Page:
Project activities included mobilizing water management committees (WMC), developing community water management plans, designing water systems, constructing and maintaining water systems, developing outreach strategies and training materials, and conducting outreach and training in local schools, community centers and clinics.
Impact: Sustainable Solutions
How does a foreign organization keep construction projects sustainable? For NCBA CLUSA, the key is community organizations. At every point in the process the community is mobilizing themselves to construct, plan, and fix the water systems.
The development of water management committees (WMCs) was one of the first steps in introducing the CoopWASH program to a community. The committees organize labor during the construction phase, and then maintain the systems once they are built.
Water projects often fail because communities are technically or financially unequipped to maintain complex infrastructure, but the only ongoing maintenance CoopWASH systems require is cleaning the spigots and ensuring good drainage to avoid standing water.
The whole process begins with developing water groups with democratically elected management committees. Once these committees are established, NCBA CLUSA staff, through our implementing parters and coffee co-ops on the ground, work with them to prepare management plans.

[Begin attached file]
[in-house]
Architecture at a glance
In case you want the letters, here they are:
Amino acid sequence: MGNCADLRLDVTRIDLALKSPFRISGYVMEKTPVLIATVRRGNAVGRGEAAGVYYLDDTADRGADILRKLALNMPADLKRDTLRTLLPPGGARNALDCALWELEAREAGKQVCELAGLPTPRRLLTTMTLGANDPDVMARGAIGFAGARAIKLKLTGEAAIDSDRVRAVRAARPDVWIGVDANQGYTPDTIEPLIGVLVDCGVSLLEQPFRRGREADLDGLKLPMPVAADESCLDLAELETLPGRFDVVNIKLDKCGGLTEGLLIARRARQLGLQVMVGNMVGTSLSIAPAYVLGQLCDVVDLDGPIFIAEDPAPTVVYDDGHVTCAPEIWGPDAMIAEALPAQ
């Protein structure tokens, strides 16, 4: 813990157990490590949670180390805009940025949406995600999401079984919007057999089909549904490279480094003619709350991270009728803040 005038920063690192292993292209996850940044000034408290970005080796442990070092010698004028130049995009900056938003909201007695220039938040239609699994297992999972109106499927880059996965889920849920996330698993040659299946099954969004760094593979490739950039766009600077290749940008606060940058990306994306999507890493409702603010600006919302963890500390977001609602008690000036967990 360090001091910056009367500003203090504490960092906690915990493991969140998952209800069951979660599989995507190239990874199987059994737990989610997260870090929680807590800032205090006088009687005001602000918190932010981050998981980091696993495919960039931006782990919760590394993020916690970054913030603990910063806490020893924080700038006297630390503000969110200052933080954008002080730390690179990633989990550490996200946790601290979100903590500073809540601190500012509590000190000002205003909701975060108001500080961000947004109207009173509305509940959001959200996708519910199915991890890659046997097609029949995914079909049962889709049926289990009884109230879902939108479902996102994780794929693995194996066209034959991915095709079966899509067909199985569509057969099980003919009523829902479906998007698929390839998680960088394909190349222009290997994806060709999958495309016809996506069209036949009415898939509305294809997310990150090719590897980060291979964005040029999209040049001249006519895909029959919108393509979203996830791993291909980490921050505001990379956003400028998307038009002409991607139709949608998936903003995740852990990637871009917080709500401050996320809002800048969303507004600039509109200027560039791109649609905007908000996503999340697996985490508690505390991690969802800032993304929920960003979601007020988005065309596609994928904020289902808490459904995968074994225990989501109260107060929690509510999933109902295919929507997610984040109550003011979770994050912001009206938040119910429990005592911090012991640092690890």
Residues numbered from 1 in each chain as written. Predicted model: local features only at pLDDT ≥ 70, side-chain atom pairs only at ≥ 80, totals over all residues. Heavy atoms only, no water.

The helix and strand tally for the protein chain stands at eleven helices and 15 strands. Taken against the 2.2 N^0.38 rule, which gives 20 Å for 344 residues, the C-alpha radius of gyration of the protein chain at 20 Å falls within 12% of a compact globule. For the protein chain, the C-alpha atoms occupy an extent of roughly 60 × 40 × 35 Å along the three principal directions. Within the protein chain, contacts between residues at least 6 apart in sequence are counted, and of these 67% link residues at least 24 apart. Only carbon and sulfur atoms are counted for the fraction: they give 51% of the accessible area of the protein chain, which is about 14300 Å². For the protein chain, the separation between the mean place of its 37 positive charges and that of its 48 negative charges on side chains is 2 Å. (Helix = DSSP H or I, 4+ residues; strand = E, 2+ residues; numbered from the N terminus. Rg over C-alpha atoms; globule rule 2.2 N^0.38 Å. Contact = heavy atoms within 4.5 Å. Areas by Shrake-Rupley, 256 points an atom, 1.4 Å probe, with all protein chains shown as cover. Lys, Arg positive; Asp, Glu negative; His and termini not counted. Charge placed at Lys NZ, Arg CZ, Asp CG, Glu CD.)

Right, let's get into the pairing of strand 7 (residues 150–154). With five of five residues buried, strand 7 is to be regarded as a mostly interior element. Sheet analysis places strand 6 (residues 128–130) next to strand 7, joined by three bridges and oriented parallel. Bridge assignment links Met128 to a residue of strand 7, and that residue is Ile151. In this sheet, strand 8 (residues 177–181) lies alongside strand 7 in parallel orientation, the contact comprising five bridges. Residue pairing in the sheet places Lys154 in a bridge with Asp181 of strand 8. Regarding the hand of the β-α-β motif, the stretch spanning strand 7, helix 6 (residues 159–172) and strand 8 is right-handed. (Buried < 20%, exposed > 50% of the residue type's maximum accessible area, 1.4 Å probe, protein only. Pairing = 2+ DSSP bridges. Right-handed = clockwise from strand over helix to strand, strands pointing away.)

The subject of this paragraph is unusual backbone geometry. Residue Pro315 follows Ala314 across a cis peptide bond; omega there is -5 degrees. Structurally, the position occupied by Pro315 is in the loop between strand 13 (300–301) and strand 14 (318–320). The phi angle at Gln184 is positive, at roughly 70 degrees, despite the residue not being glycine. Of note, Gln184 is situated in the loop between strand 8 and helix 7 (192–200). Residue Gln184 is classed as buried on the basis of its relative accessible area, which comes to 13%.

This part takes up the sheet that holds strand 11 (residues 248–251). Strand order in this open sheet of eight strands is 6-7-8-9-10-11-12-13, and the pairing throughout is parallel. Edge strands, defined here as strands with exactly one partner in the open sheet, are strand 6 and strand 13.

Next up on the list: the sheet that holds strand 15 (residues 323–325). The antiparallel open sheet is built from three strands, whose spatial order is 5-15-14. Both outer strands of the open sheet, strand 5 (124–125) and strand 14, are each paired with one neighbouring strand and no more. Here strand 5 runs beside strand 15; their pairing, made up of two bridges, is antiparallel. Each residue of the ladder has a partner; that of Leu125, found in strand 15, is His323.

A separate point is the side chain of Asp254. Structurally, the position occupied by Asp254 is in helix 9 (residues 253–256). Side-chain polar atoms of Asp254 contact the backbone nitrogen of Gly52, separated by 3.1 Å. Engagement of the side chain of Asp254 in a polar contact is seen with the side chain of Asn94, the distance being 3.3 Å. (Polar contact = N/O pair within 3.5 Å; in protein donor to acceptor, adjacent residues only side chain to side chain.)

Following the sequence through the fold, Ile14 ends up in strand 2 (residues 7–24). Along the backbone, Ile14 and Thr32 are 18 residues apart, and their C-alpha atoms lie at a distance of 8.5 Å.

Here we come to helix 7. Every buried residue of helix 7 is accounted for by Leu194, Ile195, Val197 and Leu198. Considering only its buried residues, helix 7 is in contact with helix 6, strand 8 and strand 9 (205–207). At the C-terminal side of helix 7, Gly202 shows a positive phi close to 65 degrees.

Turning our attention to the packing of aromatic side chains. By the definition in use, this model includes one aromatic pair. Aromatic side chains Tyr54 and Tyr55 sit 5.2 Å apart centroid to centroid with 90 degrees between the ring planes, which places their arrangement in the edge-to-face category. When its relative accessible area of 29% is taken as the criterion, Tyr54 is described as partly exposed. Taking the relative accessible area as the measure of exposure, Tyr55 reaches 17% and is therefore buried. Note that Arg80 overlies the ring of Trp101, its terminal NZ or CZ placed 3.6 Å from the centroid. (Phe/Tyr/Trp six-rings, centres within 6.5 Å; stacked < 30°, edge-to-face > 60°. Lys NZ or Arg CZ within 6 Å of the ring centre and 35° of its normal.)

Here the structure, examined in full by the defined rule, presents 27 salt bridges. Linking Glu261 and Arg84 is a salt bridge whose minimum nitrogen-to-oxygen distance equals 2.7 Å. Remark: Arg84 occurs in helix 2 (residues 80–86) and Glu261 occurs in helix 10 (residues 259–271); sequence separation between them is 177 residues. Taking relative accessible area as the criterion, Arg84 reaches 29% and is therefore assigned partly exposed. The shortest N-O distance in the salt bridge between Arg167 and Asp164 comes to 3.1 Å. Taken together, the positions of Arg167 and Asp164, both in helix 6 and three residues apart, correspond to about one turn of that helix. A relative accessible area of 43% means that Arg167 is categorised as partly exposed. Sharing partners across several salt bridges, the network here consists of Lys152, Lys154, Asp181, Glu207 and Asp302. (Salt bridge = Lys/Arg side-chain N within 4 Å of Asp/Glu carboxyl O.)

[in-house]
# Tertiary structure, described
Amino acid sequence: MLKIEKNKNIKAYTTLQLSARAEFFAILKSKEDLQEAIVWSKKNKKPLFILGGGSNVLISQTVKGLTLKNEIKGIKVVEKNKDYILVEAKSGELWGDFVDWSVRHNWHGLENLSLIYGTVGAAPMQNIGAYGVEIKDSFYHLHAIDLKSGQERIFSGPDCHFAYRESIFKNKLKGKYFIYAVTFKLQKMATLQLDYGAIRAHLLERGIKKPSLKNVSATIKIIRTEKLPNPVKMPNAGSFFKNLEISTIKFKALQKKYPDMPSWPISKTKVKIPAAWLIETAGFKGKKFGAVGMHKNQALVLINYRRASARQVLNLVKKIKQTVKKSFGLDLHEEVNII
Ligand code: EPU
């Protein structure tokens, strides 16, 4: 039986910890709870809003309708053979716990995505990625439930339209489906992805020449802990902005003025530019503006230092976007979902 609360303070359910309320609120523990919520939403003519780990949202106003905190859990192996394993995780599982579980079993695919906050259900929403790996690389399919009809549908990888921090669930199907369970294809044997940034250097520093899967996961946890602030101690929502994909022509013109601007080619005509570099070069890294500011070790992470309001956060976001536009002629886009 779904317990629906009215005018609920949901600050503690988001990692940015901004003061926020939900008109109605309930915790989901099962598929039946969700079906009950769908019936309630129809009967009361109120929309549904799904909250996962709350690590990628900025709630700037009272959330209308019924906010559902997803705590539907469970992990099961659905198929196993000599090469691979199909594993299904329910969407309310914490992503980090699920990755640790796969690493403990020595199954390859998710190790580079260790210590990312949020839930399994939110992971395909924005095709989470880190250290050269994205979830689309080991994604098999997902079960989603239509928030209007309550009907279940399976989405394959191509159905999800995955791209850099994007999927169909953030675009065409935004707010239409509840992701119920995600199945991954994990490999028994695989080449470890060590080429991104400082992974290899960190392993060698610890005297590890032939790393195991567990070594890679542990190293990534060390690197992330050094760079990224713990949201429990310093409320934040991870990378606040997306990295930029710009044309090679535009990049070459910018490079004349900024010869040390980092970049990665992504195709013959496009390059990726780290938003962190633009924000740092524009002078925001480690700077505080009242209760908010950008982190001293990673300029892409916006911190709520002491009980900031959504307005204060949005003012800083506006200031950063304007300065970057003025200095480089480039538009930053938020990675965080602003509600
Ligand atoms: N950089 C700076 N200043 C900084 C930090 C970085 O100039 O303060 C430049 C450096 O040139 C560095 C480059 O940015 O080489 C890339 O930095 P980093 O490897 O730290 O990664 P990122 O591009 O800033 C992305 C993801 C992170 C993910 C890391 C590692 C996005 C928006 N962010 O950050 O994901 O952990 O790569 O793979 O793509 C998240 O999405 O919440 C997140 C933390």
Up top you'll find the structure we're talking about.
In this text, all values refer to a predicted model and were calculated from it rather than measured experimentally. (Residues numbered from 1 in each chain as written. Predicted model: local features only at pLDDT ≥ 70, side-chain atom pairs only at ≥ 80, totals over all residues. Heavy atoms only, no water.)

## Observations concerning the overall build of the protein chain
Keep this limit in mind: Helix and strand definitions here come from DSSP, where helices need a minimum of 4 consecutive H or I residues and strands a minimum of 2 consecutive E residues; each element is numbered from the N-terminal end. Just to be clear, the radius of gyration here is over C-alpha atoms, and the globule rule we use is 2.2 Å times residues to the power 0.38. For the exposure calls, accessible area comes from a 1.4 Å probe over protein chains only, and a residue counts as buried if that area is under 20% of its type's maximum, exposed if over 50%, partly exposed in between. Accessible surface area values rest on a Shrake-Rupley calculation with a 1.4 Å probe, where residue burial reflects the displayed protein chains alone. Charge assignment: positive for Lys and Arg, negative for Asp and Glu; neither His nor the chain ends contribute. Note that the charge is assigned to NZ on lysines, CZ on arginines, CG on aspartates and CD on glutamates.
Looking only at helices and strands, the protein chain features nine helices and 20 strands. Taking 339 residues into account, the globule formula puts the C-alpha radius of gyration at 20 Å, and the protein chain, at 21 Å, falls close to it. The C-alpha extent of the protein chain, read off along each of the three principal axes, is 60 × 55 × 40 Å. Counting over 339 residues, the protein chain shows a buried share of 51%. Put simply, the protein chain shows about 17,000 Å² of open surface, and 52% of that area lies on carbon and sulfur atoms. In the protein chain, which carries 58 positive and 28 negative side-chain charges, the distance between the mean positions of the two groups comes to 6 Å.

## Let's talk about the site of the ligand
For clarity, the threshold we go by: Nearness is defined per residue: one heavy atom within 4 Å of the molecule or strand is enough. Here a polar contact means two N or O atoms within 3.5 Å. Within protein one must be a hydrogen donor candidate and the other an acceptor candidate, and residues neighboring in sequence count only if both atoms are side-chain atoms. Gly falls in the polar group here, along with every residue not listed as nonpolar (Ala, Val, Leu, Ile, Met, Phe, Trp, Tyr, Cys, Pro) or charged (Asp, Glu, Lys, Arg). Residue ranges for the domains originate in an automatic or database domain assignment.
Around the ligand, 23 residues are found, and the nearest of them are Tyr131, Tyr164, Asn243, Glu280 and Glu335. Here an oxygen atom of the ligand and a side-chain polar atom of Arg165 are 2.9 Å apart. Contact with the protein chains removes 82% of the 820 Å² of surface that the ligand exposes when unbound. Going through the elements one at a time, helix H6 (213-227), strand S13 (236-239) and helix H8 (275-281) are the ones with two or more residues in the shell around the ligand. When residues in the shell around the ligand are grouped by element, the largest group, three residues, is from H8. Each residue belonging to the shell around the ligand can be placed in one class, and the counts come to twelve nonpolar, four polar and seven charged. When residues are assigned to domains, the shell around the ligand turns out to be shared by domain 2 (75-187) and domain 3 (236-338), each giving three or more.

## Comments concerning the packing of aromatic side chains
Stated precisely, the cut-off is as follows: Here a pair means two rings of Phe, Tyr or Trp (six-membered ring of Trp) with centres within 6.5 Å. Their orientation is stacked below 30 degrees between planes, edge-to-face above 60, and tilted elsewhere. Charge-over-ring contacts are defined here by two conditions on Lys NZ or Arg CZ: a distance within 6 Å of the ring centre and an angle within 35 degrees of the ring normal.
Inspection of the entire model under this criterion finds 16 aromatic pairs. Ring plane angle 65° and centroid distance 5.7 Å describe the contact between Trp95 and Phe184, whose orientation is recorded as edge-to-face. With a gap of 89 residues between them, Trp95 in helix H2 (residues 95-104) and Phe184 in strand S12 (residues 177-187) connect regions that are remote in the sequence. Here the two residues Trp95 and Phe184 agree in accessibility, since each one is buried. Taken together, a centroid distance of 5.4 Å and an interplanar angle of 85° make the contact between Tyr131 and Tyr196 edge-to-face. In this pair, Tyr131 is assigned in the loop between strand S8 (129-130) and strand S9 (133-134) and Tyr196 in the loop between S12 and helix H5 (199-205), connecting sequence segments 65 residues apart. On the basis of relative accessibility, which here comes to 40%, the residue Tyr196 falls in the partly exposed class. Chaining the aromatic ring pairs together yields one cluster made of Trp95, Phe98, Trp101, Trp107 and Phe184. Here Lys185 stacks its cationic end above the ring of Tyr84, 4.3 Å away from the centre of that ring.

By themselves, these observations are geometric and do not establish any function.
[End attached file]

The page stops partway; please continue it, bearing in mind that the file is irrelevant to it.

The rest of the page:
An important aspect of these plans is separating household water uses from coffee pulping and ensuring that the pulp is composted and properly disposed. Lack of accessible, clean water compromises coffee quality in Indonesia. Much of the coffee grown in Sumatra is pulped at the village level and sold in a “wet hulled” state. Farmers who don’t have access to clean water recycle the water they need for pulping, leading to bacterial contamination of the hulled coffee and off-flavors.
Beyond coffee, clean water is important for daily life. Before CoopWASH began, all the households in the villages collected their drinking and washing water from streams and unprotected drainage ditches. But simply having access to clean water does not fix all the risk of disease. Sanitation starts with access, but also involves training and use.
After the water systems have been built, the committees begin training the community on proper sanitation practices, such as hand washing, and hygiene.